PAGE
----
Manon Ress manonress at gmail.com
Wed Sep 25 10:38:49 PDT 2019


The British Labour Party’s platform on access to health, “MEDICINES FOR THE
MANY: Public Health before Private Profit,” is organized in five
well-written and powerful policy chapters. In 52 pages, the Labour Party
takes a strong stand defending patients instead of profits. It also
provides a clear explanation of a new set of needed health policies, fully
laying out rationale to implementation.

The first chapter covers the current United Kingdom (UK) health system
including the pricing of medicines. The second chapter deals with the many
problems that plague the existing health care system from the lack of
transparency to the pharmaceutical lobby.

The third chapter, titled “Policies,” is bold and is a must-read for anyone
who truly believes we can do better. Today, innovation incentives and
rewards are effectively the promise of huge monopoly-based profits, which
leads to expensive medicines. Chapter 3 addresses the issue in a decisive
manner. The chapter is about being practical, using the existing tools
available to force prices down and ensuring that publicly-funded drugs are
affordable to patients. It is also about being an innovator in the policy
space and creating new incentives for pharmaceutical innovation through
delinkage of the cost and risk of R&D from the price paid by the patients.

In “Medicines for the Many,” the delinkage model is clearly defined:

By changing the incentives that determine what kind of health innovation
happens, public health can come first, while rationing and denial of access
could end. Policy steps can be taken immediately to start the process of
changing incentives in the system, however the impact will be felt over a
longer-term period due to the development time required for drug discovery
and innovation.

Delinkage is an innovation model based on the premise that the costs and
risks associated with R&D should still be rewarded, but that the incentives
for R&D can be provided by means other than financial returns from high
product prices during the period of patent protection.

Innovation is instead supported through upfront grants or subsidies and
rewarded by a variety of prizes, including innovation inducement prizes,
market entry rewards, or open source dividends. These incentives, and the
kind of innovation they reward, can be focused on agreed health priorities
informed by multiple stakeholders rather than ceding this role entirely to
pharmaceutical companies, as is the case in the current system. By
replacing market incentives we can ensure that urgent public health needs
are prioritised, especially those that are currently ignored, like the ones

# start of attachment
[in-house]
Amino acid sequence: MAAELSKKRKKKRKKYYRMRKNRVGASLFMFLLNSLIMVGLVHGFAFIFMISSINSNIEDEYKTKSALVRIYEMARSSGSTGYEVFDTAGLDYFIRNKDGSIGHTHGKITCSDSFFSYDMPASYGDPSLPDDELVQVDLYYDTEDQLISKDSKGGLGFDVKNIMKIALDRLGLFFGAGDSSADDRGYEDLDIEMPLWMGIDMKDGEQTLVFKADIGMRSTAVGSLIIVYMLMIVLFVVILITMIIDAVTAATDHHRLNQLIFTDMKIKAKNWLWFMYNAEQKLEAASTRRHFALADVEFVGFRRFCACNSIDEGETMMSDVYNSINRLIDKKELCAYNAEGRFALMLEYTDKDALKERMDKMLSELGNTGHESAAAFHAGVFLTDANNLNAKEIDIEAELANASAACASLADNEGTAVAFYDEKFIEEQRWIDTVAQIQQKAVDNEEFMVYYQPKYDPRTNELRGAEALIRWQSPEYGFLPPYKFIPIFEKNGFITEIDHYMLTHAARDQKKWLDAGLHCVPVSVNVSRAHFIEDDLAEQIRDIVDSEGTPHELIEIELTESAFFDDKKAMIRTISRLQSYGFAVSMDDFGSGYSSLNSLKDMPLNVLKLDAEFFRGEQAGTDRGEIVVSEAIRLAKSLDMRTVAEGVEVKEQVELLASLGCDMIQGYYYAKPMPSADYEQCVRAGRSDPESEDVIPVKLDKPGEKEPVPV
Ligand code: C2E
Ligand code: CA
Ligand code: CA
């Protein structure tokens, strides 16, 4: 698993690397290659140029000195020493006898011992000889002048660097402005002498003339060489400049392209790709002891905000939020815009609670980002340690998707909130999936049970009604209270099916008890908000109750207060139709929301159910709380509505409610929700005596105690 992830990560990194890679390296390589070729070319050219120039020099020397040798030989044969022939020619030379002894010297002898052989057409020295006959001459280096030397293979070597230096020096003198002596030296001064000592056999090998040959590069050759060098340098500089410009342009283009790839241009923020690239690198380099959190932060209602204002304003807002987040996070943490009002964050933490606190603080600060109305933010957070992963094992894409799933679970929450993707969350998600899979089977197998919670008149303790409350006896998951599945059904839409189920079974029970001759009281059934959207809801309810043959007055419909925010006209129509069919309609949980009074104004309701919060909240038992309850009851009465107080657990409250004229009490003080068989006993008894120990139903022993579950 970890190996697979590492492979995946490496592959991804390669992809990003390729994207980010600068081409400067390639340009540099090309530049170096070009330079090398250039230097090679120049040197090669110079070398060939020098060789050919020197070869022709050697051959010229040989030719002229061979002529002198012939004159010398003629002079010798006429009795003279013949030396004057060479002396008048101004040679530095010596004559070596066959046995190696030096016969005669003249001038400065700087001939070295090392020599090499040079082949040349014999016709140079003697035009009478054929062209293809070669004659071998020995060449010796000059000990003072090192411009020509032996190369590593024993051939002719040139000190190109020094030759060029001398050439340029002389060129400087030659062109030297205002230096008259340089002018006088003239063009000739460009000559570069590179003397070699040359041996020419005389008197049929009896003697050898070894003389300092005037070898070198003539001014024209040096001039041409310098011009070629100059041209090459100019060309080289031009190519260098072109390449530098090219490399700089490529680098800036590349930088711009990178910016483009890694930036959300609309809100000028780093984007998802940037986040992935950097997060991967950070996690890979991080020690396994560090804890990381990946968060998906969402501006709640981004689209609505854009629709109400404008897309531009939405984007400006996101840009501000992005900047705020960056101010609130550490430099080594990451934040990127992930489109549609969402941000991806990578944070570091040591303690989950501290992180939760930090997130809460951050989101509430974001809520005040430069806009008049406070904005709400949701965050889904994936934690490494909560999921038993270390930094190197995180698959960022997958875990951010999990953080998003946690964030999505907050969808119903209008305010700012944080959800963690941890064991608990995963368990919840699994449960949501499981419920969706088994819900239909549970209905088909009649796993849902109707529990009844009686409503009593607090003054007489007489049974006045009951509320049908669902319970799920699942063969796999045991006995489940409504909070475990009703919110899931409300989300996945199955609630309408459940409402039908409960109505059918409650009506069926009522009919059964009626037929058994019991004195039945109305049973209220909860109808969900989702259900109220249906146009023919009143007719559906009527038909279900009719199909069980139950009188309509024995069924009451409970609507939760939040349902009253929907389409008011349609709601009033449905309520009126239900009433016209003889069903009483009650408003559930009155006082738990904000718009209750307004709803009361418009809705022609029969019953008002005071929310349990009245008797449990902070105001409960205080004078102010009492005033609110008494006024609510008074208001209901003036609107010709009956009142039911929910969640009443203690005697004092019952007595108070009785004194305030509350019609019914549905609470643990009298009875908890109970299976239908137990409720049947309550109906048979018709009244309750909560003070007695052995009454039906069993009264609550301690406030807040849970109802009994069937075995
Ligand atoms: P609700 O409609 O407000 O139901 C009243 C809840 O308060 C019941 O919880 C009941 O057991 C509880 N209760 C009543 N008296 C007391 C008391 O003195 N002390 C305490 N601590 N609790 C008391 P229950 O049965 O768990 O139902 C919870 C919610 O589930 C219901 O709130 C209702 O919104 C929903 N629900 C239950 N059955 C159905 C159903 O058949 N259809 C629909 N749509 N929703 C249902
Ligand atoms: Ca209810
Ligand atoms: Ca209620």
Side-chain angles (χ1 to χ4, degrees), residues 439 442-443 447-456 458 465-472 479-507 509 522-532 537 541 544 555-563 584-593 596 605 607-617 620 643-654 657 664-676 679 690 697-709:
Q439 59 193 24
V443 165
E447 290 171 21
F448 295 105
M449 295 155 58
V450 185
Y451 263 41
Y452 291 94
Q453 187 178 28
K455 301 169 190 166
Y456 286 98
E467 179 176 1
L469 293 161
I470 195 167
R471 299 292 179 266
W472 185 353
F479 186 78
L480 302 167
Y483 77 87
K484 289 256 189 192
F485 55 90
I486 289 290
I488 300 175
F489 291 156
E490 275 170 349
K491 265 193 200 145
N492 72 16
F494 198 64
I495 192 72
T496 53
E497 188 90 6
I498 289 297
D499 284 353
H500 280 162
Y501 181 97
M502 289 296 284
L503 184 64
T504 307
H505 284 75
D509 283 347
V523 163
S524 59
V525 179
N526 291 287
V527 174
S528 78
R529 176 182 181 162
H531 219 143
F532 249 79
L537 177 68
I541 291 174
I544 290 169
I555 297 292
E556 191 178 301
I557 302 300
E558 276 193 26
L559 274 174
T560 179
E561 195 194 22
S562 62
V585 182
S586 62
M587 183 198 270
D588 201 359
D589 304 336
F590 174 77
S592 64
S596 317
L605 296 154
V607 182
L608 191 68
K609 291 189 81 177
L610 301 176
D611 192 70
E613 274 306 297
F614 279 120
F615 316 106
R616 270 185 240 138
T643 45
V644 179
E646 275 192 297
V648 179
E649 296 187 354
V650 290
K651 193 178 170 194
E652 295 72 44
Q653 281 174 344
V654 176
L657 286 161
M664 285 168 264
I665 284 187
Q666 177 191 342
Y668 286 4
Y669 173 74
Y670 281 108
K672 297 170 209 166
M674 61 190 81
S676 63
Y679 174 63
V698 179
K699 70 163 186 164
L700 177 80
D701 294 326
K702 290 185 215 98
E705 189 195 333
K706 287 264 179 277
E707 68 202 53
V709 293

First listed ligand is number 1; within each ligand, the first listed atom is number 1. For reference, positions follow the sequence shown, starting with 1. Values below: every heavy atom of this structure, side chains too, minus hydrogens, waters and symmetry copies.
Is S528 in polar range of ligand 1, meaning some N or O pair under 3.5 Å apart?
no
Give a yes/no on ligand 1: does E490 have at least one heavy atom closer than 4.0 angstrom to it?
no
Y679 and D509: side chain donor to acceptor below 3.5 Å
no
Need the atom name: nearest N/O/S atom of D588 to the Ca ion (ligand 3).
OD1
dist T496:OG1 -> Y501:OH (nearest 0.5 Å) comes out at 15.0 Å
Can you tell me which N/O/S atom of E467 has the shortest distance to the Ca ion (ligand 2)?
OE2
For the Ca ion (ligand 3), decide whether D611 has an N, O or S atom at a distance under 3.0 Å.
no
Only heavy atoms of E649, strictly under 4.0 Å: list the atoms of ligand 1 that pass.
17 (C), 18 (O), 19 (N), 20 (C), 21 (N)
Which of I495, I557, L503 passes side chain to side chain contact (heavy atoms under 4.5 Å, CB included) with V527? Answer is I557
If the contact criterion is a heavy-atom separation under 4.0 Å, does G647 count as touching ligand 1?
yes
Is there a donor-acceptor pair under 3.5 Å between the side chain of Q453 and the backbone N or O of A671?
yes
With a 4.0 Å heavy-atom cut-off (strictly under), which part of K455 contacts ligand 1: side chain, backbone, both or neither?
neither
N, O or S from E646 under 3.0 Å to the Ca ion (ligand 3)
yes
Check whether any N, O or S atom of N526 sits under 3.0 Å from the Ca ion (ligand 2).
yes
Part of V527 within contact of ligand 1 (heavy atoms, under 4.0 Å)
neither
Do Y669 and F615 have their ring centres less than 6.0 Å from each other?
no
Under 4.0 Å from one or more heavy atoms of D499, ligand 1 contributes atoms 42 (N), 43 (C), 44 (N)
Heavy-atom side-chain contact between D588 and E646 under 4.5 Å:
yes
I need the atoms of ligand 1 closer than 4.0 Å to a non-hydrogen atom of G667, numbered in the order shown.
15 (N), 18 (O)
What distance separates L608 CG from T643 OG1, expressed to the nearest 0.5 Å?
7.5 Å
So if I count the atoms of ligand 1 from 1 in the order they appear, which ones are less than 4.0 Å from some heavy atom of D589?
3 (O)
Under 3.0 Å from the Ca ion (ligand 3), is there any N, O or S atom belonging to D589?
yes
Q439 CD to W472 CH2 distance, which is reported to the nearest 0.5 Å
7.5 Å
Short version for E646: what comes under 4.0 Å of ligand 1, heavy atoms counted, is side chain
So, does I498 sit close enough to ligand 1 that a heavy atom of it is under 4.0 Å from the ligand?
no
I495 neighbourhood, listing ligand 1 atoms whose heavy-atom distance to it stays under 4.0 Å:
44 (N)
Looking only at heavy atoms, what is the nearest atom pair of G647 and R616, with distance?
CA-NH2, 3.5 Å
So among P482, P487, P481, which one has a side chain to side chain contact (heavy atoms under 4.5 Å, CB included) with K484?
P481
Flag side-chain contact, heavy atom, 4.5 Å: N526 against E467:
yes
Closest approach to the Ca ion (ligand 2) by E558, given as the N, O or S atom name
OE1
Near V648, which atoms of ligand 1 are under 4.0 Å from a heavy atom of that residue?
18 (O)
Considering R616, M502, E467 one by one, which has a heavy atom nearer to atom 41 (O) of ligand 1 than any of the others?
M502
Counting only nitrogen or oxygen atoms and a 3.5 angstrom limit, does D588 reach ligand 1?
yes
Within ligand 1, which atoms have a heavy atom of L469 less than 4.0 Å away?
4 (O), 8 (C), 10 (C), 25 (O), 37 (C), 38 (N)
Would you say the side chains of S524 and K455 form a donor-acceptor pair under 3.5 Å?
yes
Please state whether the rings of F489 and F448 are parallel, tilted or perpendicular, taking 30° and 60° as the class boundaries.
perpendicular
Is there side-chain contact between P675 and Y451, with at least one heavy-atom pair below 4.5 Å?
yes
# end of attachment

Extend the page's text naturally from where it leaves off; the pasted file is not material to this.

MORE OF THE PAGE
that affect poorer populations or represent low growth markets such as new
antibiotics. Furthermore, a much larger percentage of investment in
pharmaceutical products will go directly into R&D. Discoveries rewarded in
this model would then be openly licensed to facilitate generic manufacture
and competition, driving down prices close to the cost of production.

The fourth chapter is about “building a wider movement” that would include
trade unions, civil society, international allies, academics and experts,
political support and pharmaceutical industry representatives.

Also quite practically, Chapter 5 addresses the “Concerns and Challenges”
about how to fund these reforms, noting the Brexit context as well as the
common belief that reforms would slow down new discoveries.

The conclusions of the Labour Party progressive pledge are unequivocal:

Few injustices are as stark as the knowledge that a medicine exists to
treat or cure a family member, but that the unaccountable greed of a
corporation means they are denied it. With drug prices leaping from tens to
hundreds of thousands of pounds per patient, these injustices are only
going to become more common globally. Here in the UK this situation is
placing the egalitarian, collective ethos of the NHS under unbearable

Something has to change.

While this is a UK Labour Party policy document, it should serve as the
basis of reforms in many countries, including the US, which is still
struggling with denial of the need for transparency, the need to use
existing tools such as compulsory licensing, and the need for a real
discussion and decisions about publicly-funded drugs that are too expensive
for patients as well as payers. If the US Congress were serious about
dealing with the price of drugs, it would also examine how to achieve
delinkage of the price of drugs from the cost and risk of innovation. A
feasibility study would be a good start for a change.

A copy of the Labour Party pledge, “MEDICINES FOR THE MANY: Public Health
before Private Profit,” is available here.

Manon Ress
manon <manon.ress at keionline.org>ress at gmail.com
tel.: +1571 3316879

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